13 Jan Migraine Increases Risk of Perioperative Stroke and Hospital Readmission
MedicalResearch.com Interview with:
Dr. Matthias Eikermann, MD, PhD
Associate Professor of Anaesthesia
Harvard Medical School
Clinical Director, Critical Care Division
MedicalResearch.com: What is the background for this study?
Response: Up to one fifth of the general population have migraine, a primary, chronic-intermittent headache disorder affecting the neuronal and vascular systems and characterized by severe headache accompanied by nausea and/or sensory hypersensitivities such as photophobia and phonophobia. In approximately 20-30% of patients, the headache phase is preceded or accompanied by transient focal neurological disturbances presenting as visual symptoms but also sensory, aphasic, or motor symptoms known as migraine aura.
Stroke is responsible for approximately 6.2 million deaths a year and is a leading global cause of long term disability. Considering that more than 50 million patients in hospital and 53 million ambulatory patients undergo surgical procedures in the United States every year.
We found that patients with migraine, particularly migraine with aura, undergoing a surgical procedure are at increased risk of perioperative ischemic stroke and readmission to hospital within 30 days after discharge.
MedicalResearch.com: What are the main findings?
Response: We found that patients with migraine, particularly migraine with aura, undergoing a surgical procedure are at increased risk of perioperative ischemic stroke and readmission to hospital within 30 days after discharge.
MedicalResearch.com: What should readers take away from your report?
Response: GPs, Anesthesiologists and Surgeons should incorporate migraine in the assessment for risk of perioperative stroke.
We have explored our data to identify possible preventable risk factors for perioperative stroke in patients with migraine.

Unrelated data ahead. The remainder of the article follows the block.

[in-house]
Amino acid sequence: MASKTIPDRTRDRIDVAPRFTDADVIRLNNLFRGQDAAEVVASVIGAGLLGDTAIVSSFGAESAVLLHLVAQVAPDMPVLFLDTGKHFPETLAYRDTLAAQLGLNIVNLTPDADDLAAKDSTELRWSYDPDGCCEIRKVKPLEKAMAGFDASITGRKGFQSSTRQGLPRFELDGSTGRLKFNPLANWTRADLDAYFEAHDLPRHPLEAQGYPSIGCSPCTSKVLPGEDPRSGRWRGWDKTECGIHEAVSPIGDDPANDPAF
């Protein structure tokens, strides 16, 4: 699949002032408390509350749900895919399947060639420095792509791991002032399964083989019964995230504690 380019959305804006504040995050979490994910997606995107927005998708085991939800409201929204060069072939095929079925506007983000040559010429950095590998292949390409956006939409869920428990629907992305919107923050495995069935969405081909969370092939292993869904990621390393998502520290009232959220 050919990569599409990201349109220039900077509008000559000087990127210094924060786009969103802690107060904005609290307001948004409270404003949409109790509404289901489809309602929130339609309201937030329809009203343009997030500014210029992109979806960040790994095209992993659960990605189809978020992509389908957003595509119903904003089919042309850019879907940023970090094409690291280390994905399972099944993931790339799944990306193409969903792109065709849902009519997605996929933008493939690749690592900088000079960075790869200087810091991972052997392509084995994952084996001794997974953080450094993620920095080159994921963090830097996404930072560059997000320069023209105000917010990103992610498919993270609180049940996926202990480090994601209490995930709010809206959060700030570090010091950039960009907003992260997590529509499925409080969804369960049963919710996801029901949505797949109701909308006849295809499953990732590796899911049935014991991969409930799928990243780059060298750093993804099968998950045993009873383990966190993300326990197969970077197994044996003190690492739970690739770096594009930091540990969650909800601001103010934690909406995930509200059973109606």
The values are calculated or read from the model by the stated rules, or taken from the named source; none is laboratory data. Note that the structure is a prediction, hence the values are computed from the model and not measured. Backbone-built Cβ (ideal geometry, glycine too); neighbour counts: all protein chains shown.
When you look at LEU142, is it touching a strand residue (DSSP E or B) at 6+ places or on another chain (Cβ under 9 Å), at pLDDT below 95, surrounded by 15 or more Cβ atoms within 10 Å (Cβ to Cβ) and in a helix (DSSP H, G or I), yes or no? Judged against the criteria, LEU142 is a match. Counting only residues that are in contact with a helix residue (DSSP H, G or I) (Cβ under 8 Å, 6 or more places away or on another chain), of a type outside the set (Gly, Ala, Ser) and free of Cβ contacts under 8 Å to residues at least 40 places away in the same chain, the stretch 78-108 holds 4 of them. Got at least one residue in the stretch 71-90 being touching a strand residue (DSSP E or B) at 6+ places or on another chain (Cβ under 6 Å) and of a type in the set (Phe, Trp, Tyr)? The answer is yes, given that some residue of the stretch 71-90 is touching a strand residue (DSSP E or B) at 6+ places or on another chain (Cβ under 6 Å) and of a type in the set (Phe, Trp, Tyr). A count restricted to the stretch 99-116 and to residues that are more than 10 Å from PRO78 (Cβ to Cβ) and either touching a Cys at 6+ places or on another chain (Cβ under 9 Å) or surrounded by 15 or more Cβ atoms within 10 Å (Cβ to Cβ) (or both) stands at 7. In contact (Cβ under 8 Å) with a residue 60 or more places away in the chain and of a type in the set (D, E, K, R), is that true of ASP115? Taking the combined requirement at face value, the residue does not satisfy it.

We speculate based on our exploratory data analysis that the use of high dose vasopressors during surgery as well a history of a possible right-to-left shunt may represent modifiable risk factors for perioperative ischemic stroke in patients with migraine with aura.
MedicalResearch.com: What recommendations do you have for future research as a result of this study?
Response: Our results related to preventable risk factors need to be further evaluated since they are biologially plausible: The use of high dose vasopressors during surgery may be an indicator of suboptimal preload and possibly decreased cardiac output, which can further lead to an impairment of cerebral oxygenation despite normalization of mean arterial blood pressure. Meticulous optimization of fluid resuscitation volume during anesthesia and surgery should help to avoid excessive use of vasopressors and its associated increased vulnerability to perioperative stroke. Published data on the association between patent foramen ovale and cryptogenic ischemic stroke or transient ischemic attack are equivocal. In our study, the combination of a history of a possible right-to-left shunt and migraine with aura was associated with a substantial increase in risk for perioperative ischemic stroke, as well as a predictor for perioperative ischemic stroke in patients with migraine.
Our results indicating that migraine is associated with an increased risk of 30 day hospital readmission need also be further explored. Readmissions strain healthcare systems with a large economic burden and serve as performance measurements of clinical care – further studies are needed to better understand how to avoid those readmissions in patients with migraine.
MedicalResearch.com: Is there anything else you would like to add?
Response: This study would not have been possible without the generous support by Jeff and Judy Buzen who made a donation to support this line of research.
MedicalResearch.com: Thank you for your contribution to the MedicalResearch.com community.
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